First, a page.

160-year-old pub to be demolished to make way for seven homes

Waggon and Horses pub in Shipdham is set to be demolished. Picture: Archant

Waggon and Horses pub in Shipdham is set to be demolished. Picture: Archant - Credit: Archant

A village pub is set to be demolished to make way for seven new homes.

The former Waggon and Horses on Chapel Street in Shipdham, which has been used for residential and retail purposes since the pub closed in 1956, will finally be demolished after plans suffered a setback when an alteration was rejected in October last year.

A proposal to knock down the building has loomed over the village since 2017 and the proposal would also see the vacant fish and chip shop and dog grooming parlour adjacent demolished.

If planning permission is approved the new development would see two, two-bedroom and five three-bedroom affordable homes with parking and landscaping erected in place of the former pub.

It is hoped that the new development will attract younger families to Shipdham, with developers saying new residents will provide a boost to the local economy.


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The site contains asbestos-bearing materials which a contaminated land document said "may pose a risk to human health and water supply infrastructure".

Plans could see retail units demolished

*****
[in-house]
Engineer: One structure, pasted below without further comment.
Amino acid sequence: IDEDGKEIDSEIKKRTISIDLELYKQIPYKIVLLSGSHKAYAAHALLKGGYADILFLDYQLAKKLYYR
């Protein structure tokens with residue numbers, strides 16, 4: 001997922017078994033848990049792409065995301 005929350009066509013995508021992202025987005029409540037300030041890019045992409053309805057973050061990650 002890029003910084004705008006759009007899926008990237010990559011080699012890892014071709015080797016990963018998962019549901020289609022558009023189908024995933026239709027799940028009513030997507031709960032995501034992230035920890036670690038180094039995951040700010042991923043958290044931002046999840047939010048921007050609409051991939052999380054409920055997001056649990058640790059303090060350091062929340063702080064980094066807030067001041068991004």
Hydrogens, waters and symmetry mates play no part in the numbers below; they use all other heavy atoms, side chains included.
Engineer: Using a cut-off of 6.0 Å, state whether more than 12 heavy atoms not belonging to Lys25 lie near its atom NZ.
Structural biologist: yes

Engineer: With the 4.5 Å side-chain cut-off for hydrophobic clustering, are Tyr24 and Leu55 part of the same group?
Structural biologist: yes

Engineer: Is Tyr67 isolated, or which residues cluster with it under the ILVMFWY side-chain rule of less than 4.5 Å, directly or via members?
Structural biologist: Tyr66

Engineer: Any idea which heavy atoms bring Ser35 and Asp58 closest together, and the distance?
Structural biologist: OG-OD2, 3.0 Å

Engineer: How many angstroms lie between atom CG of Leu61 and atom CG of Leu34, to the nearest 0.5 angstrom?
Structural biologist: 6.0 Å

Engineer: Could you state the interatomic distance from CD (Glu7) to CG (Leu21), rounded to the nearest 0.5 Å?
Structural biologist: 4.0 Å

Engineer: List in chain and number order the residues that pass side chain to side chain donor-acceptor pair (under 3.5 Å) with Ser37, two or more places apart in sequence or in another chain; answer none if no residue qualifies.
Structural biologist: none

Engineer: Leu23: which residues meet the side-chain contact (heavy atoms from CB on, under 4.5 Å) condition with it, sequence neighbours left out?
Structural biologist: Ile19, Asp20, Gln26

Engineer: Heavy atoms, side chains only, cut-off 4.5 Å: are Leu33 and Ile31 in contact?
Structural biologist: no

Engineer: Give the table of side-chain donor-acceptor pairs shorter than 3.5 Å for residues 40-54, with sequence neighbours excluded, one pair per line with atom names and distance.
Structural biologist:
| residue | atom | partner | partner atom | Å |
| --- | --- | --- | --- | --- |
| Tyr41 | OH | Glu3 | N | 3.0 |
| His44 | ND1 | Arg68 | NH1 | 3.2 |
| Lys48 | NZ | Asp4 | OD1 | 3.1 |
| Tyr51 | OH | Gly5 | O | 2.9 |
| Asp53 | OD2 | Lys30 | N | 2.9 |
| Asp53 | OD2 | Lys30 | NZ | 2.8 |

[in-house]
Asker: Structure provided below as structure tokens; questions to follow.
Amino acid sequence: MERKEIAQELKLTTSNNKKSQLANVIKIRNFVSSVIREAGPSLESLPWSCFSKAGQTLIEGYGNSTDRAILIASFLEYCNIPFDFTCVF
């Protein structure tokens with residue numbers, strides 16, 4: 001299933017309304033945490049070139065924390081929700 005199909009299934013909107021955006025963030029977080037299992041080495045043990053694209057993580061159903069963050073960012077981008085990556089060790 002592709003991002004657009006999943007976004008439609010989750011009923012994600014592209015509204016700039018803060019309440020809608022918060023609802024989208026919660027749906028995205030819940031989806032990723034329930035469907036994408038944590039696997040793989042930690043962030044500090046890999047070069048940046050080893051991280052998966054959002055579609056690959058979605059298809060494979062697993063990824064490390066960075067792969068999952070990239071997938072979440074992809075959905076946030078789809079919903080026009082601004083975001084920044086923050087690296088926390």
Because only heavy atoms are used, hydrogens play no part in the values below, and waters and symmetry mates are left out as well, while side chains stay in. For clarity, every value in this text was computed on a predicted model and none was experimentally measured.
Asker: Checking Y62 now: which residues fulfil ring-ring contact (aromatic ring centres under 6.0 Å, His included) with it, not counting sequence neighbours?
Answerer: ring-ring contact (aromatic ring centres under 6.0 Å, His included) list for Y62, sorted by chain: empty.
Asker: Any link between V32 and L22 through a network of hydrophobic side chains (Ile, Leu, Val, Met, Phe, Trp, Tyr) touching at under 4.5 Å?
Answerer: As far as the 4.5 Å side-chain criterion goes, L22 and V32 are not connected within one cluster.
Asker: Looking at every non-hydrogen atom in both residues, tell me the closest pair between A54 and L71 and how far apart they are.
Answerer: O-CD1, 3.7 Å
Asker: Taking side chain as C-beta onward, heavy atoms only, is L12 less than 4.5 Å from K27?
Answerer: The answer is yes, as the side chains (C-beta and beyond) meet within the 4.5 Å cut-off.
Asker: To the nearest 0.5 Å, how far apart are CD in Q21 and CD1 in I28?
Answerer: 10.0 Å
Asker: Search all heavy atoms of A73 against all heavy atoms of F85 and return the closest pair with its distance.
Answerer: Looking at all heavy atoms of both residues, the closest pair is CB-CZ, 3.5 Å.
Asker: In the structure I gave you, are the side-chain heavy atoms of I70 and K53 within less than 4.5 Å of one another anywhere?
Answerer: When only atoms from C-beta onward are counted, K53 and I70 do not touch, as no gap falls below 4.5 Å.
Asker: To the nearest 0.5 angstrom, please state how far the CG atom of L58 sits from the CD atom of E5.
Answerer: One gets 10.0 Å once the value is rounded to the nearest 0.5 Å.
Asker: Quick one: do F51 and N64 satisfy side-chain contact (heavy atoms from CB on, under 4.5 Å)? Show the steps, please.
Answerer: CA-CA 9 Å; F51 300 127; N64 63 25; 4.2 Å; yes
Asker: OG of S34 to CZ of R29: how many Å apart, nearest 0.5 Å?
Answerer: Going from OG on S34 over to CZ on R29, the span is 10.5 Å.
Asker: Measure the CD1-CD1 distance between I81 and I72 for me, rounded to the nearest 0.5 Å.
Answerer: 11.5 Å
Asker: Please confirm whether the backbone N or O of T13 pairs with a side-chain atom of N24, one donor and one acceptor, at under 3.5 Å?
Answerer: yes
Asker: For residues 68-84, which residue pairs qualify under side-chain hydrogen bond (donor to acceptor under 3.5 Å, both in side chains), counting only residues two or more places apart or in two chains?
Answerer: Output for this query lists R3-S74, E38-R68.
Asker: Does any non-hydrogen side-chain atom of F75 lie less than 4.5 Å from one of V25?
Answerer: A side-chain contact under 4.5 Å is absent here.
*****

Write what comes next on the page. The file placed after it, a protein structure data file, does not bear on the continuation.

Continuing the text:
Plans could see two retail units demolished. Picture: Archant - Credit: Archant

It said that mitigation measures had been recommended to "reduce these risks to an acceptable level".

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A design and access statement read: "The detailed scheme has been designed to provide a high quality character development that complements and respects the context of the site and its surroundings, paying particular regard to the adjacent conservation area."

When permission for demolition was finally granted in March 2017 it received fierce opposition from residents and Shipdham Parish Council, after an alteration would have seen site access moved, and the prospective construction of 36 new homes on vacant land to the south side of Chapel Street.

At a meeting in October last year, Breckland Council's planning committee voted 8-2 against the planning officers's recommendation of approval, citing the permanent loss of a business in the village.

The building is 159 years old having been opened by then publican James Cox in 1862 and was used as a coal merchants for 60 years following its closure.



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